One of the only things that keeps me going some days is the many promises of God. The fact that He promises so much to us reminds me that I can endure seasons of discouragement and know that they won't last forever. Instead, we have a hope that transcends all of these momentary afflictions.
As we end our Christmas series Immanuel, take some time this weekend to join us as we look once again at hope. Our hope isn't a wish or strong desire, it's a quiet confidence that God will fulfill all of his promises to His people.
Every year we end our Christmas Eve service with candles and singing Silent Night. It's tradition, to be sure, but it is also symbolic. As daylight is at it's lowest, we stand with candles flickering in darkness to be beacons of hope and light as we share the hope of Jesus with a dark world. I hope you will join us on Christmas Eve at 6 pm as we gather to celebrate the birth of our Savior, the coming of our King and the arrival of God with us, our Immanuel.
The angels told the shepherds that they bring good news of great joy when they announced the birth of Jesus. This term "good news" is the same notion as "gospel". When we say we are to be "gospel" people, it means we are to be "good news" people. Christmas time reminds us that the birth of Jesus is good news to all people. But why?
Our passage in Isaiah 61:1-4 this week gives us four reasons why the coming of King Jesus is good news for everyone on the planet. I hope you'll join us this weekend as part of our Christmas celebration as we look at how the fact that Jesus has come to be with us is truly good news.
Our Christmas tree in our home is a little different. It's not decorated with lots of glass balls or sparkly tinsel. Our tree is a mishmash of ornaments collected over the years either given to us by dear friends or ones that we picked up on vacation. So, we have ornaments from Disney World and our other travels, ones with Korean words and ones the boys have made in school. But one ornament is always saved for last and it goes on the lowest branch in the back of the tree.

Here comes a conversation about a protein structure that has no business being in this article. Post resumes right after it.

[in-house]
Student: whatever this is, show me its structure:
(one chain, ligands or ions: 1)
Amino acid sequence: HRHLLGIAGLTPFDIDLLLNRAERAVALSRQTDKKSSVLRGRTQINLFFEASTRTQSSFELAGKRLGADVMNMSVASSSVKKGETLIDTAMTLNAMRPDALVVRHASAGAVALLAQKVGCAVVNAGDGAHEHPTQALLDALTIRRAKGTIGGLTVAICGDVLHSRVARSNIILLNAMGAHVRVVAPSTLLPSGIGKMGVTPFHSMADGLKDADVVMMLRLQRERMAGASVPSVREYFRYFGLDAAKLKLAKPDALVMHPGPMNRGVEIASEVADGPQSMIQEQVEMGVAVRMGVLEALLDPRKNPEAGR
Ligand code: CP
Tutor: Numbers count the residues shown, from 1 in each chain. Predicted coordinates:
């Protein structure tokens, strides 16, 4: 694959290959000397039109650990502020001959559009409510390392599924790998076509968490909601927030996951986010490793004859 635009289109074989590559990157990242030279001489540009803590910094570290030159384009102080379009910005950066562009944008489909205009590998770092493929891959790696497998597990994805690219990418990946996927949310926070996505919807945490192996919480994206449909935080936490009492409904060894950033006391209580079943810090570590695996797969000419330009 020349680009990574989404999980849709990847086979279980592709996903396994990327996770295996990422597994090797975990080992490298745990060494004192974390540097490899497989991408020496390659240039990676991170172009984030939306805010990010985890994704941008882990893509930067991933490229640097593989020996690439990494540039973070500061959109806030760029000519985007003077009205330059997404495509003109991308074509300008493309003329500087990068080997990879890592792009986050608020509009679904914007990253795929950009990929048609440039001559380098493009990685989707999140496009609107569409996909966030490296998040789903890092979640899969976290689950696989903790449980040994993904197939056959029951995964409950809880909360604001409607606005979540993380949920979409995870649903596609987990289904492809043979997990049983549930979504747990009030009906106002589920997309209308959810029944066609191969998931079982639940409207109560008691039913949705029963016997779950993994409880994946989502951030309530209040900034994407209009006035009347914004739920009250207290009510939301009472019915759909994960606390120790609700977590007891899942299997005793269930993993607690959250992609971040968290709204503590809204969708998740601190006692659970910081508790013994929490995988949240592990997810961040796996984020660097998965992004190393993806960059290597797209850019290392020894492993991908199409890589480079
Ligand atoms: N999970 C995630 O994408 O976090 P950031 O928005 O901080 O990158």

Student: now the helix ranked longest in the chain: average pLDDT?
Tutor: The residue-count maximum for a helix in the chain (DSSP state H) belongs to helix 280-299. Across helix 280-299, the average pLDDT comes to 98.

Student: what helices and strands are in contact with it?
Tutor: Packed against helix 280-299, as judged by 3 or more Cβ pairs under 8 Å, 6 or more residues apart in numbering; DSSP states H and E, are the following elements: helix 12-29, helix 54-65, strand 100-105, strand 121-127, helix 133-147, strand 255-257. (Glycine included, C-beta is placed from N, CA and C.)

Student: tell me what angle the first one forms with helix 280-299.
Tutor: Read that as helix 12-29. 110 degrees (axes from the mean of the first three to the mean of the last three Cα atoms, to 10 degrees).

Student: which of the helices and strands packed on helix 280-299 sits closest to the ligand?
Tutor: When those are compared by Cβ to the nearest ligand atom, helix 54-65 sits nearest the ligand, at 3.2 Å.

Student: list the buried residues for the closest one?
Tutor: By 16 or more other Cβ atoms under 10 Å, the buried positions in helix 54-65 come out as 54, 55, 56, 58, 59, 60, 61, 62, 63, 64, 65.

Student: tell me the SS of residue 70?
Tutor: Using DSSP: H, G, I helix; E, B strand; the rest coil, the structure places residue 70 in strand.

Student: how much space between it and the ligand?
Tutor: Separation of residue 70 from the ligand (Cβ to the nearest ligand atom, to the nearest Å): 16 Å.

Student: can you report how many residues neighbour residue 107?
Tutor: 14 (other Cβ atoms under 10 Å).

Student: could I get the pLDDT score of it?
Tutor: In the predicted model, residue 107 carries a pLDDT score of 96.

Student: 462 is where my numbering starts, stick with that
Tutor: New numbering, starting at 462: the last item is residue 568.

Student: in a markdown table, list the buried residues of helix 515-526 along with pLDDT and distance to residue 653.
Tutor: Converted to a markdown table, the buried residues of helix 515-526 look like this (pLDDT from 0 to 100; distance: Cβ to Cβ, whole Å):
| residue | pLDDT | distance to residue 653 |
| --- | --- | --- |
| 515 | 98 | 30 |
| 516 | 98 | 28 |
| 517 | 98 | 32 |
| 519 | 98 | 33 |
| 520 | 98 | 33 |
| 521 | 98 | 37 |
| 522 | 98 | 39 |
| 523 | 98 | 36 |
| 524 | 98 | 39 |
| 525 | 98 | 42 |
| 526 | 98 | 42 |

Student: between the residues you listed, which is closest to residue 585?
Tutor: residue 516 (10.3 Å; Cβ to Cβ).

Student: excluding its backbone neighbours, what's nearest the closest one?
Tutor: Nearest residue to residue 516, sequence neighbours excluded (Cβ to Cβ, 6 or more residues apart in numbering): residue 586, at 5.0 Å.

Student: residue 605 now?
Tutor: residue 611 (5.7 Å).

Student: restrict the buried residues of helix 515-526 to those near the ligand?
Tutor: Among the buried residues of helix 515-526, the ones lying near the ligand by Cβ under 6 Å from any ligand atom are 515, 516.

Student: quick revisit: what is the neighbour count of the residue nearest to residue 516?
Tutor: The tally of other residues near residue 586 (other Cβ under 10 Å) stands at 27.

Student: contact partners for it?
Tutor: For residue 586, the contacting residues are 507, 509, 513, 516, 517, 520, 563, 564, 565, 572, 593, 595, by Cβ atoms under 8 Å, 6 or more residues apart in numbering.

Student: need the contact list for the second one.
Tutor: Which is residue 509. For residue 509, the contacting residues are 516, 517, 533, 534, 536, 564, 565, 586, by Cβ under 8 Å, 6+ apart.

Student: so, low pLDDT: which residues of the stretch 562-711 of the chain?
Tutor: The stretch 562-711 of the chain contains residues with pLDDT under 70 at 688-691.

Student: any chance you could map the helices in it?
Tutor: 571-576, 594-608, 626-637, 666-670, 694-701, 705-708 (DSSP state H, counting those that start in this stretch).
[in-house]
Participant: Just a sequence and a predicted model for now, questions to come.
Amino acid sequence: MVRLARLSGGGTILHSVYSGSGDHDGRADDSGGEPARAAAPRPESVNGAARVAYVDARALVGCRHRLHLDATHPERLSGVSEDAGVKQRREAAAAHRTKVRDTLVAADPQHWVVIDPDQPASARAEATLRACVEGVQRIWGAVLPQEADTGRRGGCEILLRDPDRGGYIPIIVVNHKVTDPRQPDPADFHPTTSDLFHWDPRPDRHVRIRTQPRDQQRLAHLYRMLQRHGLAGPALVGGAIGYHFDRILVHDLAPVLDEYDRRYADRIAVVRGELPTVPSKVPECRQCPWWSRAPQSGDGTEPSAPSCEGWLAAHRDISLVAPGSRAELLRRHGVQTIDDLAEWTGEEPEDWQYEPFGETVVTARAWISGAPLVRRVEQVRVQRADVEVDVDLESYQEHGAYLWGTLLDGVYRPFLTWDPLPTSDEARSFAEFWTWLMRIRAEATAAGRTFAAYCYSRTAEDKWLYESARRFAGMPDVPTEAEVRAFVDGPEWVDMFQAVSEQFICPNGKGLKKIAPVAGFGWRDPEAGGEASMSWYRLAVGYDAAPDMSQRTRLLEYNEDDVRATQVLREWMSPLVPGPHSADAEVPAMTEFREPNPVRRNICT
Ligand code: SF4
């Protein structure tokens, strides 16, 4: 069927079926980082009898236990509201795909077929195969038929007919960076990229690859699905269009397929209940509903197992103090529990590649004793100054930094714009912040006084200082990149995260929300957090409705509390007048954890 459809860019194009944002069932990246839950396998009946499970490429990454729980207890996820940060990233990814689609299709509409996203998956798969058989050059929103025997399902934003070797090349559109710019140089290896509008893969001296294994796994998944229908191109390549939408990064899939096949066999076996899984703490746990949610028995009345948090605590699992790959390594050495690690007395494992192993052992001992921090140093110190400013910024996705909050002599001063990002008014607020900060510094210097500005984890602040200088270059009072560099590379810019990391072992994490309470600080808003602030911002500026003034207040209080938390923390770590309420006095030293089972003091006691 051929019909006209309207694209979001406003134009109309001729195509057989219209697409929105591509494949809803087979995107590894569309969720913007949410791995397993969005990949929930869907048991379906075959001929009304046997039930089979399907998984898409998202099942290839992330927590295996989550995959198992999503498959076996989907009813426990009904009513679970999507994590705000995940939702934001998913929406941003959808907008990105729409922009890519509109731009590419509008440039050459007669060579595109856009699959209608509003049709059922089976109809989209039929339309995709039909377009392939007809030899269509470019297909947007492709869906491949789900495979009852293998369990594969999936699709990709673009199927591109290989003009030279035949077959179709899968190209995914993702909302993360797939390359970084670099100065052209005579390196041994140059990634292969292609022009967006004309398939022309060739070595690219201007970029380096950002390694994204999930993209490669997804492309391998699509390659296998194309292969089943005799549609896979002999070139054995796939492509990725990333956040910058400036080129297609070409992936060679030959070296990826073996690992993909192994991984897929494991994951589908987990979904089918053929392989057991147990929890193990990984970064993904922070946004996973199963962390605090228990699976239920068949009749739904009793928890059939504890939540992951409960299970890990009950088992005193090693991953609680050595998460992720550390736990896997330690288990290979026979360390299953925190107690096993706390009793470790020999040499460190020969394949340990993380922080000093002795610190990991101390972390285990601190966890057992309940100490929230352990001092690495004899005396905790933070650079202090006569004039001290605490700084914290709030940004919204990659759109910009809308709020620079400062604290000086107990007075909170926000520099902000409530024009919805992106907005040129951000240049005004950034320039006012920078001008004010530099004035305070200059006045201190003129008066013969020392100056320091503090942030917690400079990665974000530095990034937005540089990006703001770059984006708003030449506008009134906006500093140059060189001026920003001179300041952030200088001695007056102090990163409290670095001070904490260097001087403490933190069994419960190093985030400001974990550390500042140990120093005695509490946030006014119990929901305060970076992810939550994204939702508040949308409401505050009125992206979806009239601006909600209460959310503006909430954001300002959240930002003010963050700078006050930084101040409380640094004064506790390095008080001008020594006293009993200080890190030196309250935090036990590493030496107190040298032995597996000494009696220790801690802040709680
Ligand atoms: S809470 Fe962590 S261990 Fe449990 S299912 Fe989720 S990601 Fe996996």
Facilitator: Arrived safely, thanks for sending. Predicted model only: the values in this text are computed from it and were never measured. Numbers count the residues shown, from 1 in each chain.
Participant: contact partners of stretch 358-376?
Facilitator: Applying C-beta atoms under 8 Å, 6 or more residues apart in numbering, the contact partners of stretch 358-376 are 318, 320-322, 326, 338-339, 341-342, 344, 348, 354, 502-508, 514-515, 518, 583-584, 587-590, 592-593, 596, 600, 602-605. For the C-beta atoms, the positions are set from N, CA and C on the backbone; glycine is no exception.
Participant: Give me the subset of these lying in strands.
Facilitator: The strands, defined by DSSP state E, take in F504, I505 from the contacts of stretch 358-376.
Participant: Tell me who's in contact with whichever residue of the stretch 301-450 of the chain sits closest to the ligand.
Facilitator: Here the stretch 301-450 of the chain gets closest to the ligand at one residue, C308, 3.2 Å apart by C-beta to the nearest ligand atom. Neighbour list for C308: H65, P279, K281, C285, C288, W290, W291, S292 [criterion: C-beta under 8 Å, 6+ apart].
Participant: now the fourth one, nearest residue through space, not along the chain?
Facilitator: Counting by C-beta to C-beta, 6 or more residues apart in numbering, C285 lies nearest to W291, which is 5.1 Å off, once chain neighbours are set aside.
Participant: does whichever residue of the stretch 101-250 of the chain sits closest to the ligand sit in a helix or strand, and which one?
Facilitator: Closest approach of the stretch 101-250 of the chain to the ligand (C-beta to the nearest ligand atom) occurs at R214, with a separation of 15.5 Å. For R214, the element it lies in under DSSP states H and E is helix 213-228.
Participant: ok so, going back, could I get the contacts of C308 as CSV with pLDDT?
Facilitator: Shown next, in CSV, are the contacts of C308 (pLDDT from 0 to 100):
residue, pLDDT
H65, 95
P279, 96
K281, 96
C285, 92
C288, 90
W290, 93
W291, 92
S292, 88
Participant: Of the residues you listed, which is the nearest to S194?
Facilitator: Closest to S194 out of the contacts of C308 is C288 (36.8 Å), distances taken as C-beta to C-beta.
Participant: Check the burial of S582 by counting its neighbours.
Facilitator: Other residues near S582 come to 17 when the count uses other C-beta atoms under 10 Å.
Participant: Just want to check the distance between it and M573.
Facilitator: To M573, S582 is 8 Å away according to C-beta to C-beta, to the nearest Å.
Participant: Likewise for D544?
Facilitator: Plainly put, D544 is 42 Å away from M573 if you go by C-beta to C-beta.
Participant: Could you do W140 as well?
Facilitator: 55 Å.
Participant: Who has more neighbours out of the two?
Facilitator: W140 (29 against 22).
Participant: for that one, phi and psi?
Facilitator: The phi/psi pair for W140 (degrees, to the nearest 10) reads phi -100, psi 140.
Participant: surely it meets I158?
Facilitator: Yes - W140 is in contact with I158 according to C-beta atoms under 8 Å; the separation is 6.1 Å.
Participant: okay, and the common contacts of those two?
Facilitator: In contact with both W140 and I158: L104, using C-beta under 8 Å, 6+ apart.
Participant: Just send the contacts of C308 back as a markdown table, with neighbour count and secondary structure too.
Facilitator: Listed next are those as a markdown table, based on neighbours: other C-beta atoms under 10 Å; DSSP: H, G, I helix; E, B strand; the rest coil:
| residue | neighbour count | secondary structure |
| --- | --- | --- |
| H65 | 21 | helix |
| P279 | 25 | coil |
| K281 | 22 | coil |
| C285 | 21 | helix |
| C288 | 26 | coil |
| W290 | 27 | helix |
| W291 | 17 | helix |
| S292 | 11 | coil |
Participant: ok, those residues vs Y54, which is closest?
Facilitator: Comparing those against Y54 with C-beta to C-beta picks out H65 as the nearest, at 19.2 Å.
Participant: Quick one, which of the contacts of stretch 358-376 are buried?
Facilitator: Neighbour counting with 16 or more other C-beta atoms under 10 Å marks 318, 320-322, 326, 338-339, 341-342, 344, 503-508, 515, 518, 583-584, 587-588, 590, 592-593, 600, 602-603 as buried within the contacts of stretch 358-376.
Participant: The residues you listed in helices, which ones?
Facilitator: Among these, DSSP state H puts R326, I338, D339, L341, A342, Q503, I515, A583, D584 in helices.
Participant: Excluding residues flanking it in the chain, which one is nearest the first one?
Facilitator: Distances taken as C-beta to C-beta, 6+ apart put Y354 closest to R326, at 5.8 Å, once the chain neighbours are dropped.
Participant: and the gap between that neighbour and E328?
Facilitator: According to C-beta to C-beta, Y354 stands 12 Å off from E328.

The Christmas nail is hung to remind us that Jesus came as a baby, but he didn't stay a baby. He grew, the Scriptures tell us, and eventually died for our sins. This one gesture reminds us of the true purpose of Christmas. That God so loves his world, that He sent Jesus to die so that we might repent and turn back to Him. This week, we will look at a classic text that is read at Easter, not at Christmas, but we'll see how you can't have one without the other.
Growing up, I was never one of the cool kids (shocker, I know) and I wasn't a jock nor a band geek (again, surprising, no?). I was an outcast. I had my small group of friends, but I wasn't part of the bigger groups like athletics or music. Not that I was picked on, mind you. For the most part, I was ignored. I just shuffled through high school trying to keep under the radar. To be fair, I don't know that I've outgrown that. I still feel like an outcast when I'm around others that I don't know. But there is good news for outcasts like me - Jesus came to give the outcast a home. And the hope of Christmas means that anyone who is an outcast, anyone who feels like an outsider has a home in God's Kingdom. I can't wait to share this message with you this week.
This week we begin our celebration of Advent. Advent is something that is far too mysterious for many of us, especially for those of us who haven't grown up with this a part of our church life. But Advent is a time of preparation for Christians. We prepare for Christmas every year with shopping, decorating, caroling and the like. But Advent invites us to slow down from the hustle of the season and prepare our hearts and souls for the coming of Christ.
The prophet Isaiah had a lot to say about preparing for the coming of the Messiah King and we will explore select writings in that book for our Advent time this year. Join us this Sunday and make worship, both personal and public a part of your Christmas preparations this year. We'll see you Sunday at 10 am as we begin our series "Immanuel".